Operation or use of motor driven equipment does not include maintenance and employee control must be direct says 6th Court of Appeals

Mt. Pleasant Independent School District v. Dona K. Elliott, 06-13-00115-CV (Tex. App. – Texarkana, April 17, 2014).

This is a Texas Tort Claims Act case arising from a bus accident allegedly due to malfunctioning brakes. In this interlocutory appeal the Texarkana Court of Appeals reversed the denial of the Mt. Pleasant Independent School District’s (“MPISD”) plea to the jurisdiction and rendered a dismissal.

Elliott worked for Durham Transportation, which in turn was contracted with the MPISD to maintain its bus fleet and operate its busses. Elliott alleges that while driving bus #14, the brakes failed resulting in acrash and broken kneecap. The accident report found, and the MPISD does not dispute, that the crash was caused by faulty brakes and not driver error.  Elliott sued the MPISD alleging improper maintenance caused her injuries.  The MPISD filed a plea to the jurisdiction which the trial court denied.

The Texarkana Court of Appeals noted in a footnote that Elliott filed for worker’s compensation benefits and was paid, which would account for her suit against the MPISD and not her employer. The court then analyzed the Texas Tort Claims Act language in relation to the facts. No MPISD employee operated or used the bus. Elliott’s asserted that it maintained control over the bus, but there is no evidence or assertion that a District employee exercised direct control over the bus resulting in the accident. After analyzing various cases involving operation by someone other than an employee, but where a governmental entity employee was directing control, this court determined that the “control theory” of waiver must involve direct control by an entity employee, else no waiver exists. Further, under the TTCA, the phrase “operation or use” does not include “maintenance.” The Legislature has used the term “maintenance” in other waiver statutes, but failed to list it in the TTCA.  Therefore the court determined its omittance was an intentional decision not to waiver immunity for maintenance of vehicles. So any negligence of a District employee in not maintaining bus #14 before turning control over to Durham does not fall within the TTCA waiver.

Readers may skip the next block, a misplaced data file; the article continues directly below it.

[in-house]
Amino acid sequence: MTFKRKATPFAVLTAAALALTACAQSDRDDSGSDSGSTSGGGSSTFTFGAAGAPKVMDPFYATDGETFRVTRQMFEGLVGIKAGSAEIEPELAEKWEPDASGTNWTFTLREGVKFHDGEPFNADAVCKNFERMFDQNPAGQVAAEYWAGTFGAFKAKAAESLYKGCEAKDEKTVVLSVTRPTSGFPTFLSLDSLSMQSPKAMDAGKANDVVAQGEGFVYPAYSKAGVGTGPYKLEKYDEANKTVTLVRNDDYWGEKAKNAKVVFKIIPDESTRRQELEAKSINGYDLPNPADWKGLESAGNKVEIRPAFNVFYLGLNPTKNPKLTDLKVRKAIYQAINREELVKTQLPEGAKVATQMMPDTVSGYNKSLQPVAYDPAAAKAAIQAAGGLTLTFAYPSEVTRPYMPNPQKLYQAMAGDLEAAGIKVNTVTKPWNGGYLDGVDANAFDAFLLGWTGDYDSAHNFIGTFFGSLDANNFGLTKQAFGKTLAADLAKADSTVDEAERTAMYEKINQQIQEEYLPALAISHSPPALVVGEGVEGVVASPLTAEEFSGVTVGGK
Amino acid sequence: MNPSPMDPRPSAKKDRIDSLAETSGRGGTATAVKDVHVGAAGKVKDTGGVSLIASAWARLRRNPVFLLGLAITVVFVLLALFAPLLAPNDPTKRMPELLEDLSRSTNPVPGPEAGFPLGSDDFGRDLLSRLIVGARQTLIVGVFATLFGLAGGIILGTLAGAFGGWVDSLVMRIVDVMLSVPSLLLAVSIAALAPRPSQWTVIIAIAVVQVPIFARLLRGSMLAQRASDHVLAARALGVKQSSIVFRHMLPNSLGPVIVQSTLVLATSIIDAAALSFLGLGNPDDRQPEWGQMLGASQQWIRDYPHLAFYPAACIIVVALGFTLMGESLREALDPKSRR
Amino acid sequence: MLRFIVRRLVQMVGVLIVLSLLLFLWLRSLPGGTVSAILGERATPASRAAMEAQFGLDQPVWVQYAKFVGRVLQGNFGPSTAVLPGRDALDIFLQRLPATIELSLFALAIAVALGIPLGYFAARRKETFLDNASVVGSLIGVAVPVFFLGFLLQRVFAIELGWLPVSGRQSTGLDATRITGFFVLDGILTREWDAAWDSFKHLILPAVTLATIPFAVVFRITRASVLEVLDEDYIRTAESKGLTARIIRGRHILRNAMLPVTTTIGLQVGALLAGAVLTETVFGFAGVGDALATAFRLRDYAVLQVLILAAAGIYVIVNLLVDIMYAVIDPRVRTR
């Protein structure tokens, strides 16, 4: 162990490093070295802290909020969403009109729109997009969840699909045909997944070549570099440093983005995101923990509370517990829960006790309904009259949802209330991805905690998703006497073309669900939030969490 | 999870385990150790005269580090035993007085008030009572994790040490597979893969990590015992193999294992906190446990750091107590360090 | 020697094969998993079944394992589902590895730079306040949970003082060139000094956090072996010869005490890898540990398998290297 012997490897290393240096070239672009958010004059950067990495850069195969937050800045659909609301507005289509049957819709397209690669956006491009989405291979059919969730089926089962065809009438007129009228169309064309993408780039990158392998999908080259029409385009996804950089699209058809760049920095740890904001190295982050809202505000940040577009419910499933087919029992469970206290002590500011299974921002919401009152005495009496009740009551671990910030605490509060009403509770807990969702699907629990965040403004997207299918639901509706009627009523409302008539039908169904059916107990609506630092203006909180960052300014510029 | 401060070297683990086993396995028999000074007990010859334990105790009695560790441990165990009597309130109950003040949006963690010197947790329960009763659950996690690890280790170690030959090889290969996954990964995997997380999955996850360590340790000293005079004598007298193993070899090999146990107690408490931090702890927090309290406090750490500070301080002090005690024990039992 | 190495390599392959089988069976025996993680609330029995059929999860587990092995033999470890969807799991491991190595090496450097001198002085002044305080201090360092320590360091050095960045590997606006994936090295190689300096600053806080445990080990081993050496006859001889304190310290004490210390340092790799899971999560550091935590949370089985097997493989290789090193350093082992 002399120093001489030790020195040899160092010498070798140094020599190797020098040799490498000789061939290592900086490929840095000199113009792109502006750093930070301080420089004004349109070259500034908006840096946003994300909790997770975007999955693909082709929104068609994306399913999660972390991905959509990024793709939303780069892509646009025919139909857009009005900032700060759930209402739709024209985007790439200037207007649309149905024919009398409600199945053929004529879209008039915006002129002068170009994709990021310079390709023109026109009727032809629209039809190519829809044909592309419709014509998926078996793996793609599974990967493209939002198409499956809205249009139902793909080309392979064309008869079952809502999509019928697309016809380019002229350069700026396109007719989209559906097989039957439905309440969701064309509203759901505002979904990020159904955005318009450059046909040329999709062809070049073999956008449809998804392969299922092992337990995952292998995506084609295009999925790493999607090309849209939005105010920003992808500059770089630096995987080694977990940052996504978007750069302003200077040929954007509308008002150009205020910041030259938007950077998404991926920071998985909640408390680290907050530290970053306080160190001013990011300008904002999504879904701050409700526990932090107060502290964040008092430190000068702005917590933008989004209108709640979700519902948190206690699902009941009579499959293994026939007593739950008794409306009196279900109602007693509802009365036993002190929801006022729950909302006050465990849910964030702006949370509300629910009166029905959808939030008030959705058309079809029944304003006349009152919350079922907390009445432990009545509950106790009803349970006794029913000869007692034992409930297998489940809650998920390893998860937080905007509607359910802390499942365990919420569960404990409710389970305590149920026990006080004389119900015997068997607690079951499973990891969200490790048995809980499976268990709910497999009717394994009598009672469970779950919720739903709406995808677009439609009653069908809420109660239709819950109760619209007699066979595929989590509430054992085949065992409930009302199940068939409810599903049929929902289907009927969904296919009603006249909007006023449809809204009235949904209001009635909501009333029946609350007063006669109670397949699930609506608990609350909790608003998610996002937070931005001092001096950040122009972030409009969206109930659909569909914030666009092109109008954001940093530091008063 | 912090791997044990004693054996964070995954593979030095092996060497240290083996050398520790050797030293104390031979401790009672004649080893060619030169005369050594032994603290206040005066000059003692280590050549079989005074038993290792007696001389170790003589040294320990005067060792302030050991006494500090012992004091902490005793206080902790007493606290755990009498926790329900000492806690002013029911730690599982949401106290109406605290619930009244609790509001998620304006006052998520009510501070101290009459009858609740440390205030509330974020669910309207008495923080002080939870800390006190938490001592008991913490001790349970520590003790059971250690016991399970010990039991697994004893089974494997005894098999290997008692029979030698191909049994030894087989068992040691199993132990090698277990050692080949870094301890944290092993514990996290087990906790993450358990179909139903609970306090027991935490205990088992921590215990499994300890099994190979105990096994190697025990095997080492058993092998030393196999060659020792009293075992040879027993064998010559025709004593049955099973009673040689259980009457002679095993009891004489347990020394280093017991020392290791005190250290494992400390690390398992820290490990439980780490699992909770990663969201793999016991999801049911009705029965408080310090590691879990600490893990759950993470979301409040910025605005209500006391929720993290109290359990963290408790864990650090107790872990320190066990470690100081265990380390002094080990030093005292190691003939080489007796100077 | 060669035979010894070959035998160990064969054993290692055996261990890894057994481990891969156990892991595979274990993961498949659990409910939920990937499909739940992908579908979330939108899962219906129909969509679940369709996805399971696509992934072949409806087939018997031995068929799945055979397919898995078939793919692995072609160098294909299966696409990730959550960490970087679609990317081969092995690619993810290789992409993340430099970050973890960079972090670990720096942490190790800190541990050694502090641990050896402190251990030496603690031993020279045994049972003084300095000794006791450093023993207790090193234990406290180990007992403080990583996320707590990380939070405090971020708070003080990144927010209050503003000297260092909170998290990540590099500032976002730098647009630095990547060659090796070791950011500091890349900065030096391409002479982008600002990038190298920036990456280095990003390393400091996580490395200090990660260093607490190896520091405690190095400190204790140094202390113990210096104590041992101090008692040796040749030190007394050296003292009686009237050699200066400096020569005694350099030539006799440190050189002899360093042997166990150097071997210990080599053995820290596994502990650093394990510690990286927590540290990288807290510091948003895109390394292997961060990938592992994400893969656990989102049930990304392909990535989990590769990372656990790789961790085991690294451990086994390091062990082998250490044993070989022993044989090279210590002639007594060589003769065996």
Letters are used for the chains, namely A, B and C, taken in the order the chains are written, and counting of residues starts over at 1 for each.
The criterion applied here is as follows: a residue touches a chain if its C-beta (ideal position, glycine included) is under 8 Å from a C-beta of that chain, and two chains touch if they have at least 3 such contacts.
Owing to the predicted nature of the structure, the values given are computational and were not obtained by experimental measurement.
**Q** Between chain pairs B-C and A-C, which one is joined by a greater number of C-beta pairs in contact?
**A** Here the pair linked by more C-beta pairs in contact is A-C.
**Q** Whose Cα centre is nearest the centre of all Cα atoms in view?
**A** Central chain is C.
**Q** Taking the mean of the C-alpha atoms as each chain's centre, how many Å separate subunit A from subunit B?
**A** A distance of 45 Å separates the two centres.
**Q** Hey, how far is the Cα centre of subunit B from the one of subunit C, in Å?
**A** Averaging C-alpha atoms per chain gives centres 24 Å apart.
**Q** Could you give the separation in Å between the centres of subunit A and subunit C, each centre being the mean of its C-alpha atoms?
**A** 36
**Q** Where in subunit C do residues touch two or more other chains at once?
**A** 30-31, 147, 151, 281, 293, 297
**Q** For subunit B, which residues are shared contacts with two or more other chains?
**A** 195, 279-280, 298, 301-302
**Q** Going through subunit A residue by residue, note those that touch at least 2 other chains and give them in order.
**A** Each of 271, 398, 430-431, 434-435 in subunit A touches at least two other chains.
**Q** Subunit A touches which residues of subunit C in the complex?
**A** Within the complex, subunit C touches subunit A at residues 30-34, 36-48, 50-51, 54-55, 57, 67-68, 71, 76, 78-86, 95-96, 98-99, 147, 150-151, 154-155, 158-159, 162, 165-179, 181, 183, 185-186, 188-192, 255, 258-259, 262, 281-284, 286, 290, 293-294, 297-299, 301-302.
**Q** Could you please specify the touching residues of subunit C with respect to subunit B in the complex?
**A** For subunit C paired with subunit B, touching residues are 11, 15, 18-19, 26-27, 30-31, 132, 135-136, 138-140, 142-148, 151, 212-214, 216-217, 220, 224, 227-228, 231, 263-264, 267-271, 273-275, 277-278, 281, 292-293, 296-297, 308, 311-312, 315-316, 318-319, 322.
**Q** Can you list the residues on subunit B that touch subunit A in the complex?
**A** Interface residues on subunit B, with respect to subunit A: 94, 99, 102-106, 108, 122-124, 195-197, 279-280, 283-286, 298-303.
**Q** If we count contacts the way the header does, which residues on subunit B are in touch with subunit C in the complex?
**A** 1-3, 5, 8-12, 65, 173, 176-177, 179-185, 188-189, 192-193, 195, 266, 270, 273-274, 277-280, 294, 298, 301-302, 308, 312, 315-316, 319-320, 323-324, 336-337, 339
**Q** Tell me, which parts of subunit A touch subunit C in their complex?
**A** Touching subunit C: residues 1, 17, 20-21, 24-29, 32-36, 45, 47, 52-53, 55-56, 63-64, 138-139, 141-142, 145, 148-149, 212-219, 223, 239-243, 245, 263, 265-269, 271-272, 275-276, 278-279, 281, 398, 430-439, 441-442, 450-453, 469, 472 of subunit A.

If you would like to read this opinion click here. Panel: Chief Justice III Morriss, Justice Carter, and Justice Moseley.  Opinion by Chief Justice Morriss. The attorneys listed for the MPISD are Oliver B. Krejs, Katherine L. Killingsworth, and Bradley E. McLain.  The attorneys listed for Elliott are Marisa M. Schouten and John (Jack) Walker III.